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February 22, 2016

Anti-Immigrant Groups Ratchet Up TV Ad Campaigns

Two anti-immigrant groups, the Federation for American Immigration Reform (FAIR) and NumbersUSA, have been running television ads during the current presidential debates and primaries attacking immigration policies. Both organizations want to impose limits on legal immigration and halt undocumented immigration.

FAIR’s new ad, which began running in February in South Carolina where a primary was held on February 20, blames undocumented immigrants for taking away jobs and college placements from American citizens. The ad also claims that undocumented immigrants are using resources like healthcare and welfare benefits “at American taxpayer expense.” In addition, the ad alleges that undocumented immigrants are committing crimes against Americans due to “broken borders.”

Dan Stein, president of FAIR

Dan Stein, president of FAIR

Undocumented immigrants, many of whom have resided in the U.S. for decades, live in the shadows of American society as they are afraid that revealing their status may result in deportation. In the ad, Dan Stein, the president of FAIR co-opts the idea that undocumented immigrants live in the shadows by claiming that American citizens are the ones that need to come out of the shadows and speak out against undocumented immigration.

The NumbersUSA ad is more explicit in attacking both legal and undocumented immigration. The ad features the late Barbara Jordan, a former Texas representative, and the chair of the U.S. Commission on Immigration Reform in the mid-1990s. Jordan has become a much touted hero of the anti-immigrant movement for her stance on limiting legal immigration and stopping undocumented immigration when she was on the commission.

In the ad, while Jordan speaks about the alleged impact of immigration on job prospects for American workers, NumbersUSA suggests that legal immigration should be cut drastically. It also suggests that undocumented immigration is causing widespread unemployment.

FAIR and NumbersUSA are two of the most active anti-immigrant groups in the nation. Both have ties to racist John Tanton, the architect of the modern anti-immigrant movement. Tanton founded FAIR in 1979 and had a hand in creating NumbersUSA, as well.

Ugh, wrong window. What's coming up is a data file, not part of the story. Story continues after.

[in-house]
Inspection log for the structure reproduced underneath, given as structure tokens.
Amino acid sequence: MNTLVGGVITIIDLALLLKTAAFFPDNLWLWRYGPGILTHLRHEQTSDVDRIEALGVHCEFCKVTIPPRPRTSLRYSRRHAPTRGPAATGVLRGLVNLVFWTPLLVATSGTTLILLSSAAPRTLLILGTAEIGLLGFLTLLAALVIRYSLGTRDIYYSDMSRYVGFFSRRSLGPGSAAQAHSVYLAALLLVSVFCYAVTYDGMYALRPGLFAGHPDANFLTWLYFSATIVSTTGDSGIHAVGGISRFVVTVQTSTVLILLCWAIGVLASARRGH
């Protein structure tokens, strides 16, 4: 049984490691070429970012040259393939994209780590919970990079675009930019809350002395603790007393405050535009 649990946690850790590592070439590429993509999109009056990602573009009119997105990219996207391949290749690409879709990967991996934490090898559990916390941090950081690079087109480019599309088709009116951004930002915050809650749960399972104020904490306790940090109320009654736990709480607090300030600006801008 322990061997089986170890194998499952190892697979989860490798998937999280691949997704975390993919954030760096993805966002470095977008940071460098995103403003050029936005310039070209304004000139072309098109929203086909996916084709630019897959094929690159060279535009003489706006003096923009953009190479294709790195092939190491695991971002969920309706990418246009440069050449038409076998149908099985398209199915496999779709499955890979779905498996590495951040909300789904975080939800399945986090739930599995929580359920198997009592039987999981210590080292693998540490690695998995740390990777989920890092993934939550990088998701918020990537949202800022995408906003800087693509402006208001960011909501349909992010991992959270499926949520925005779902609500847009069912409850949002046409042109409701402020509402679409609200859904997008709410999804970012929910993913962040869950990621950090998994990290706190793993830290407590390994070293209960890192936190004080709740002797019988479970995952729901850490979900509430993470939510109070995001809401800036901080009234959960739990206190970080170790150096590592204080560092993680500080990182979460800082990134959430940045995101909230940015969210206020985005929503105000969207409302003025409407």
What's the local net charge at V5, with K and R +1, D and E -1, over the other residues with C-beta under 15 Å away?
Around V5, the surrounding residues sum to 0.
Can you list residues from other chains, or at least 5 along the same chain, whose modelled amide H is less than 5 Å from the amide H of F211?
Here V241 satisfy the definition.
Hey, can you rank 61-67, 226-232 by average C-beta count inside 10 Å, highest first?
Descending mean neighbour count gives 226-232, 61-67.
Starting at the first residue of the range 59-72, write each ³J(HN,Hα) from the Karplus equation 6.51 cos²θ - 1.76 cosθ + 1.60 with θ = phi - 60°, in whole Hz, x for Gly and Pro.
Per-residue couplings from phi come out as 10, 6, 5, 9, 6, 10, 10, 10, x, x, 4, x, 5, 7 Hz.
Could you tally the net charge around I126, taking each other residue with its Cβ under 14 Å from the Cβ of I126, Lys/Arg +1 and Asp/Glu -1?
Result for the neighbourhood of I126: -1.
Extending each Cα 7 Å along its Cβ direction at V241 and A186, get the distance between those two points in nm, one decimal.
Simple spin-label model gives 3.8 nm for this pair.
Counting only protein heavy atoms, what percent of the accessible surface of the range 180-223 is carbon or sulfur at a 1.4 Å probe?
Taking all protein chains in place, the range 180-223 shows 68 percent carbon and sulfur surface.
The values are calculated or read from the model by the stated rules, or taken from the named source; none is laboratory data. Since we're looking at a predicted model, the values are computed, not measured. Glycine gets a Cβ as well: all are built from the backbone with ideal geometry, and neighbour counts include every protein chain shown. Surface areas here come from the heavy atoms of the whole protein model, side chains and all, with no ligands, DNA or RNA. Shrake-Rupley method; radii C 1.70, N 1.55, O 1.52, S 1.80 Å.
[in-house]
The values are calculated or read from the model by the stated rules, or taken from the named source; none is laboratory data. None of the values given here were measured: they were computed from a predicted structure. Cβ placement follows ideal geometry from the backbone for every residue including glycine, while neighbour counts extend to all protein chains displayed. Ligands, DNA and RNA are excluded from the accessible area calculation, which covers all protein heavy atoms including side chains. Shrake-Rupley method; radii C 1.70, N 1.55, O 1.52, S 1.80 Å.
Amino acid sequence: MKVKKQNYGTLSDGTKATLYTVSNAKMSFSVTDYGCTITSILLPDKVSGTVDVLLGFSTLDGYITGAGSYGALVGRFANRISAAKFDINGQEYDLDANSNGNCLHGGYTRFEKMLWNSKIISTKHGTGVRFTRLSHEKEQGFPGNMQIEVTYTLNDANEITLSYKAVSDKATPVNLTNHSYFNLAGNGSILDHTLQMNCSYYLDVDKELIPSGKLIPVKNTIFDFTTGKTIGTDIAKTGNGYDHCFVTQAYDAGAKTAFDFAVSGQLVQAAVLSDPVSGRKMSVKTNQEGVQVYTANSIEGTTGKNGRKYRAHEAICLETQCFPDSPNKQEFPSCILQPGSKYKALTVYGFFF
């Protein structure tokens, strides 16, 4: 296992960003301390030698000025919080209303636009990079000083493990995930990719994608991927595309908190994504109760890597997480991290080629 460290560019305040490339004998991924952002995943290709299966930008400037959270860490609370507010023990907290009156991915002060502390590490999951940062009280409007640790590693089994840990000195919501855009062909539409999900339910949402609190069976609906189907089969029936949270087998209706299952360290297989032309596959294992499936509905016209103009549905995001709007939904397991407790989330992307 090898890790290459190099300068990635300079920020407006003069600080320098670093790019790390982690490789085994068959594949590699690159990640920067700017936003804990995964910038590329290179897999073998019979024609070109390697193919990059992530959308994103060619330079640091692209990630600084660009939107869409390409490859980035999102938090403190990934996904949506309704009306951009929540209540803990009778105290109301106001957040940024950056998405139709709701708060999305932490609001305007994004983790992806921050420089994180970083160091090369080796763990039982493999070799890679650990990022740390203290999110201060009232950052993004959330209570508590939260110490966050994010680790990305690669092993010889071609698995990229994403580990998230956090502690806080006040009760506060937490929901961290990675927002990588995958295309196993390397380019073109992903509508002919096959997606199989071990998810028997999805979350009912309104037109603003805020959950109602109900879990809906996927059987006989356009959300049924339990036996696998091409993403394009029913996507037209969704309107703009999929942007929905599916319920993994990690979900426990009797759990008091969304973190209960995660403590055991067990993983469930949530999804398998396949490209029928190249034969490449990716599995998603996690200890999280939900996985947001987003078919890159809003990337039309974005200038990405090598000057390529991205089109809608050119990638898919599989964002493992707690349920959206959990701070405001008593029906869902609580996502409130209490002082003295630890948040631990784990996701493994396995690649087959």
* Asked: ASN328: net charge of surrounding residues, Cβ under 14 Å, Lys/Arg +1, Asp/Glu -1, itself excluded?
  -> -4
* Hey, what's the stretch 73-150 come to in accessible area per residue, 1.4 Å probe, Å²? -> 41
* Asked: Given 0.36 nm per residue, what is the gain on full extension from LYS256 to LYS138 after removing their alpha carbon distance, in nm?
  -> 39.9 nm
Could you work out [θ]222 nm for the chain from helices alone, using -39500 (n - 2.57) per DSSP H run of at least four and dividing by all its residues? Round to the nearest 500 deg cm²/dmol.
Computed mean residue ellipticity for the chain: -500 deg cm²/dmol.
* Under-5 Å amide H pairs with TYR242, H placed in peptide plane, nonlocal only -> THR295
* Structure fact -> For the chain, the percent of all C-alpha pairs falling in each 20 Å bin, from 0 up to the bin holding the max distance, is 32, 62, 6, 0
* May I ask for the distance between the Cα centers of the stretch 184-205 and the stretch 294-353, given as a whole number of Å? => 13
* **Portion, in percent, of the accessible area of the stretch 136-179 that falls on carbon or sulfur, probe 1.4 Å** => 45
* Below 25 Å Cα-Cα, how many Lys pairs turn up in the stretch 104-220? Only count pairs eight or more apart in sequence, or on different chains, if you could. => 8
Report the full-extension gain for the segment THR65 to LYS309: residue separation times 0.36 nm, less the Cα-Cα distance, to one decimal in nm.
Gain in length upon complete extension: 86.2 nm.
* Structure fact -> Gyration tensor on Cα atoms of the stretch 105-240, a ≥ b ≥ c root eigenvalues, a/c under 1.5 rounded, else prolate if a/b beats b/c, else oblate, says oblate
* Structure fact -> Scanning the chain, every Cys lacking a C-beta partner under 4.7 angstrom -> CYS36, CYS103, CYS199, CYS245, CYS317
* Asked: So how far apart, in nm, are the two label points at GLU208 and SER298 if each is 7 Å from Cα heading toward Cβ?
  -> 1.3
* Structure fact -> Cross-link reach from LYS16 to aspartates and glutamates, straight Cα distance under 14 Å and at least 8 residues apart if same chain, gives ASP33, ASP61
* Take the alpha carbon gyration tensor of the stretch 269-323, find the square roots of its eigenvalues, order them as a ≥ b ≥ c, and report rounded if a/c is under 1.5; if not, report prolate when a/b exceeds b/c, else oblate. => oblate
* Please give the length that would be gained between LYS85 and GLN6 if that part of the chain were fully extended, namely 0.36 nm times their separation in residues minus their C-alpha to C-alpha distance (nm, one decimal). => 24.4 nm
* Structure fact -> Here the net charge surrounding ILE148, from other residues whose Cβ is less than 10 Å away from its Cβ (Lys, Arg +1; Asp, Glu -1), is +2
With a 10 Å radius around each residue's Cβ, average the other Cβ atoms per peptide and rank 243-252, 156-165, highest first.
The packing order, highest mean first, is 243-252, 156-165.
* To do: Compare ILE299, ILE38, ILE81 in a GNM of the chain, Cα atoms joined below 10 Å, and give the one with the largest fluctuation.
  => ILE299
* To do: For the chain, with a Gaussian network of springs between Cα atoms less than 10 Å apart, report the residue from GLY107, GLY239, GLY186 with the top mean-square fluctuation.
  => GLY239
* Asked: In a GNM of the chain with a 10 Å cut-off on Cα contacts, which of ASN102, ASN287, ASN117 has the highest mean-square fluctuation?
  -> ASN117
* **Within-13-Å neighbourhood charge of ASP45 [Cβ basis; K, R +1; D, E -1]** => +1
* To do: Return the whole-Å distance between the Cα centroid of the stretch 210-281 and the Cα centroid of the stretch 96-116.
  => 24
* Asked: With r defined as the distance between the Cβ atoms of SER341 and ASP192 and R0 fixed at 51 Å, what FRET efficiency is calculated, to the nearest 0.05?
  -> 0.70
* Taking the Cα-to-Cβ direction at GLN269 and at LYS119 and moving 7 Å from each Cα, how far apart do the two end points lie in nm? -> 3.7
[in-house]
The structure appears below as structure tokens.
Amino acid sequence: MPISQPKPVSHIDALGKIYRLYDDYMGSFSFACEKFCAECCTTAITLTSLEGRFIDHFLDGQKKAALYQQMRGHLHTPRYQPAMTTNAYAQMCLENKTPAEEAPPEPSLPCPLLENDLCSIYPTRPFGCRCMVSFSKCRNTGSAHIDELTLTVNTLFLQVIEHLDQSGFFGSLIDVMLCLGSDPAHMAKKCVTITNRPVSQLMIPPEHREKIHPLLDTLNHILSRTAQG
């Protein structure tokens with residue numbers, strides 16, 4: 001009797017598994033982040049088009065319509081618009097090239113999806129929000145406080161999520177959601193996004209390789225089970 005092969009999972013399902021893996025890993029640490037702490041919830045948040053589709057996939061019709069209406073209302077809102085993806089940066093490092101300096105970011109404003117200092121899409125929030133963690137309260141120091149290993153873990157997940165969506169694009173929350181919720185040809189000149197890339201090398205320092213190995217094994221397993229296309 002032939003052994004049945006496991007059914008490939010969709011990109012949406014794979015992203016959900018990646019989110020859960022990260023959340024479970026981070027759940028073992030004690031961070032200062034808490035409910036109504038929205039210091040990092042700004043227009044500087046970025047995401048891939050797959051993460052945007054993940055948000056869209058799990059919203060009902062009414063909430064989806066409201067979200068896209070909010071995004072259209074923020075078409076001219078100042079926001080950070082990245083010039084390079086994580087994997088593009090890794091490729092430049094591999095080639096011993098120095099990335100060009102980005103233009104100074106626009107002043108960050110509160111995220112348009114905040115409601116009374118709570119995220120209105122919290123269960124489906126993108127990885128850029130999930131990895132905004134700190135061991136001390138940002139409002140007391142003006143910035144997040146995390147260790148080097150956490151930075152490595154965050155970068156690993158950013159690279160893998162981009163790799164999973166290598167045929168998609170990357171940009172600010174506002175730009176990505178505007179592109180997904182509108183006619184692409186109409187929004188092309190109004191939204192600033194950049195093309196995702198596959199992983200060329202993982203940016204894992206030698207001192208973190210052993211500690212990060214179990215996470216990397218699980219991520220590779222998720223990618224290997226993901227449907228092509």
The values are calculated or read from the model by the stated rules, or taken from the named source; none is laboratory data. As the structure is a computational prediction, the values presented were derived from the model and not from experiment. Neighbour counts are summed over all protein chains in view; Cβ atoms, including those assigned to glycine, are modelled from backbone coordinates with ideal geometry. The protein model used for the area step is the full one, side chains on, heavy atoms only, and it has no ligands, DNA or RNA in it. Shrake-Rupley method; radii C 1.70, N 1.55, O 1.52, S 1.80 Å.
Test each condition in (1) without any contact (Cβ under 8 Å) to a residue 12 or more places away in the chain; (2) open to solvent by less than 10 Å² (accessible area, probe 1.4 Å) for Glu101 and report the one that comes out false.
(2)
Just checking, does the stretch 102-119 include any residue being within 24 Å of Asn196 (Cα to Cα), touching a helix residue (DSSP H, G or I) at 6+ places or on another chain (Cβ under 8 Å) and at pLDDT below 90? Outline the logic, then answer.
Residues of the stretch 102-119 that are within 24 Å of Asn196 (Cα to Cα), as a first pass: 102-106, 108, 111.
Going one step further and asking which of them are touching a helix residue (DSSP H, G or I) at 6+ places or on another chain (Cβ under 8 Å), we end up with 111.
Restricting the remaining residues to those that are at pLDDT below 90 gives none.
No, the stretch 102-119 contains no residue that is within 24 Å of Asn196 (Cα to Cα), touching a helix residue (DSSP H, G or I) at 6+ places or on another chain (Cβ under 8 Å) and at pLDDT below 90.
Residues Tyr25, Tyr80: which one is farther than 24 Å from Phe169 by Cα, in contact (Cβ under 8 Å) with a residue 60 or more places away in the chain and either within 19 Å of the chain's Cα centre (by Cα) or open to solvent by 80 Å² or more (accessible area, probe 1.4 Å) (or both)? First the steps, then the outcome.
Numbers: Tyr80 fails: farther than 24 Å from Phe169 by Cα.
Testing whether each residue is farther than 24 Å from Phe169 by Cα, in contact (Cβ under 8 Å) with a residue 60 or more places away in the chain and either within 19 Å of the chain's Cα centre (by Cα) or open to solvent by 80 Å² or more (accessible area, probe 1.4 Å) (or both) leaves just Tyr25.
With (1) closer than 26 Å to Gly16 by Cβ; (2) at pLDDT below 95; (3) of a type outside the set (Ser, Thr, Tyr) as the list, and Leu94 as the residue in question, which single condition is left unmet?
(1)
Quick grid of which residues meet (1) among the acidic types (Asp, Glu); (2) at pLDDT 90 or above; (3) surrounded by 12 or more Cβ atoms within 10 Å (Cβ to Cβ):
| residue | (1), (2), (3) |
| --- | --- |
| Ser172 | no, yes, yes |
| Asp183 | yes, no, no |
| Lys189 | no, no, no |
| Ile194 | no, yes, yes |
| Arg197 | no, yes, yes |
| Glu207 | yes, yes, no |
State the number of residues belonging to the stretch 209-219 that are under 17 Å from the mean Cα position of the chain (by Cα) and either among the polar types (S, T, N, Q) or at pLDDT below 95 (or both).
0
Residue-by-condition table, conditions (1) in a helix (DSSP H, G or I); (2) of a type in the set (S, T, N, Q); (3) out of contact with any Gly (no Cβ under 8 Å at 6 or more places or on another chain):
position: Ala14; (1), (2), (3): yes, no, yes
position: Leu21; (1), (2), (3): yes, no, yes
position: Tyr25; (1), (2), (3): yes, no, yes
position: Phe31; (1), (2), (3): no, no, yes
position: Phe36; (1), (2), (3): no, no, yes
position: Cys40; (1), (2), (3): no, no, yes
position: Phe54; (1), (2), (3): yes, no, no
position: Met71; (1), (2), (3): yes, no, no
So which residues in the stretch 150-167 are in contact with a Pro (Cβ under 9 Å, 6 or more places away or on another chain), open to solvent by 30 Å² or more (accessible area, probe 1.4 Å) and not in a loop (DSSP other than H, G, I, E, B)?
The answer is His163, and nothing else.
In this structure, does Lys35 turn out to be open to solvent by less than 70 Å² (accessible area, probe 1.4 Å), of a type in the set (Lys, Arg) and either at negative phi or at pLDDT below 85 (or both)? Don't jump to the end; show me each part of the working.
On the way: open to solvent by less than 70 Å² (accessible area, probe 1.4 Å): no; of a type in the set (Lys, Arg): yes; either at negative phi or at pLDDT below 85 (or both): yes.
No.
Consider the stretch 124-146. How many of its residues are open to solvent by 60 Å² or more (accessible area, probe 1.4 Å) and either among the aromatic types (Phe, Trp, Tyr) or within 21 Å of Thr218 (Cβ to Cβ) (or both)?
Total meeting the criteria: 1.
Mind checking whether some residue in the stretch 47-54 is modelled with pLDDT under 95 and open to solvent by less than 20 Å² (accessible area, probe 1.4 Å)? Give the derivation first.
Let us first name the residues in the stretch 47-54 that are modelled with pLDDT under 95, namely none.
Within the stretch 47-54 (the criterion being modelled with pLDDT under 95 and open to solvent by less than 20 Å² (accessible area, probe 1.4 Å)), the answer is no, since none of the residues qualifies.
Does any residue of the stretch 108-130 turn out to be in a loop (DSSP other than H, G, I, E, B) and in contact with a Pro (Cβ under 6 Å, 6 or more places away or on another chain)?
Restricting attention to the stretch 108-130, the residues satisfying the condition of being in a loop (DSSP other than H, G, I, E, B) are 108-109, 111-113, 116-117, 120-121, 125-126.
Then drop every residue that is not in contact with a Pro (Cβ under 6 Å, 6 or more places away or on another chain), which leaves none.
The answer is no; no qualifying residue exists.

Roy Beck, who founded NumbersUSA in the mid-90s, worked closely with Tanton and NumbersUSA was under the umbrella of Tanton’s organization, U.S. Inc, until 2002. Beck was the Washington editor of Tanton’s anti-immigrant journal, The Social Contract during the 1990s. During Beck’s tenure as editor, white supremacists such as Jared Taylor and Sam Francis published articles in the journal. Beck himself addressed the white supremacist Council of Conservative Citizens in 1997.

Both FAIR and NumbersUSA are trying to use immigration to drive a wedge between voters who support immigration reform and those who do not and tend to blame immigrants for a variety of societal problems.

As a 501(c)(3) non-profit orga­ni­za­tion, the Anti-Defamation League does not sup­port or oppose can­di­dates for polit­i­cal office.

(more…)

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August 21, 2012

Anti-Immigrant Movement Dealt Blow by U.S. Appeals Court

On August 20, the U.S. 11th Circuit Court of Appeals handed down a mixed ruling for recent anti-immigrant laws passed in Alabama and Georgia. For both laws, HB 56 and HB 87, the court followed the decision of the U.S.  Supreme Court earlier this summer regarding a similar Arizona law (Arizona et al v. United States). The appeals court thus upheld provisions in the two state laws that allowed police to check the immigration status of people suspected of committing a crime.

Mike Hethmon

The court, however, struck down other provisions of both states’ laws, including one of the major features of the Alabama law, a provision that required public schools to check the citizenship status of new students. This is a major blow to the anti-immigrant movement, which saw the provision as a significant step towards overturning the Supreme Court’s landmark 1982 Plyler v. Doe decision, which ruled that all children, regardless of their immigration status, are permitted to attend K-12 public schools in the United States.

Overturning Plyler v. Doe has been one of the anti-immigrant movement’s key long-term goals; many major anti-immigrant groups have spoken openly about overturning the decision. In November 2011, for example, the anti-immigrant group Federation for American Immigration Reform (FAIR) wrote hopefully about what Alabama’s HB 56 might accomplish: “Thus, the collection of immigration data regarding K-12 students in Alabama (and indeed in other states) could provide concrete evidence needed to revise the Supreme Court’s holding in Plyler v. Doe.” FAIR’s legal arm, the Immigration Reform Law Institute (IRLI), actually helped draft HB 56. In a 2011 interview with the New York Times, Mike Hethmon of IRLI said that the eventual goal was to challenge Plyler v. Doe.

Similarly, the Center for Immigration Studies, a major anti-immigration think tank, published a report in 2005 by Mark Levin that claimed that the Pyler v. Doe decision “is perhaps the most egregious of the Court’s immigration rulings.” Former Arizona State Senator Russell Pearce, for many years the leading anti-immigrant voice in Arizona, also floated the idea of forcing undocumented children to pay tuition to attend public schools in his state. This, of course, would have been in direct violation of the Plyler v. Doe ruling.

The court’s decision on the school provision is thus not only a significant civil rights decision that protects children.  It also thwarts one of the key planks of the anti-immigrant movement’s agenda.

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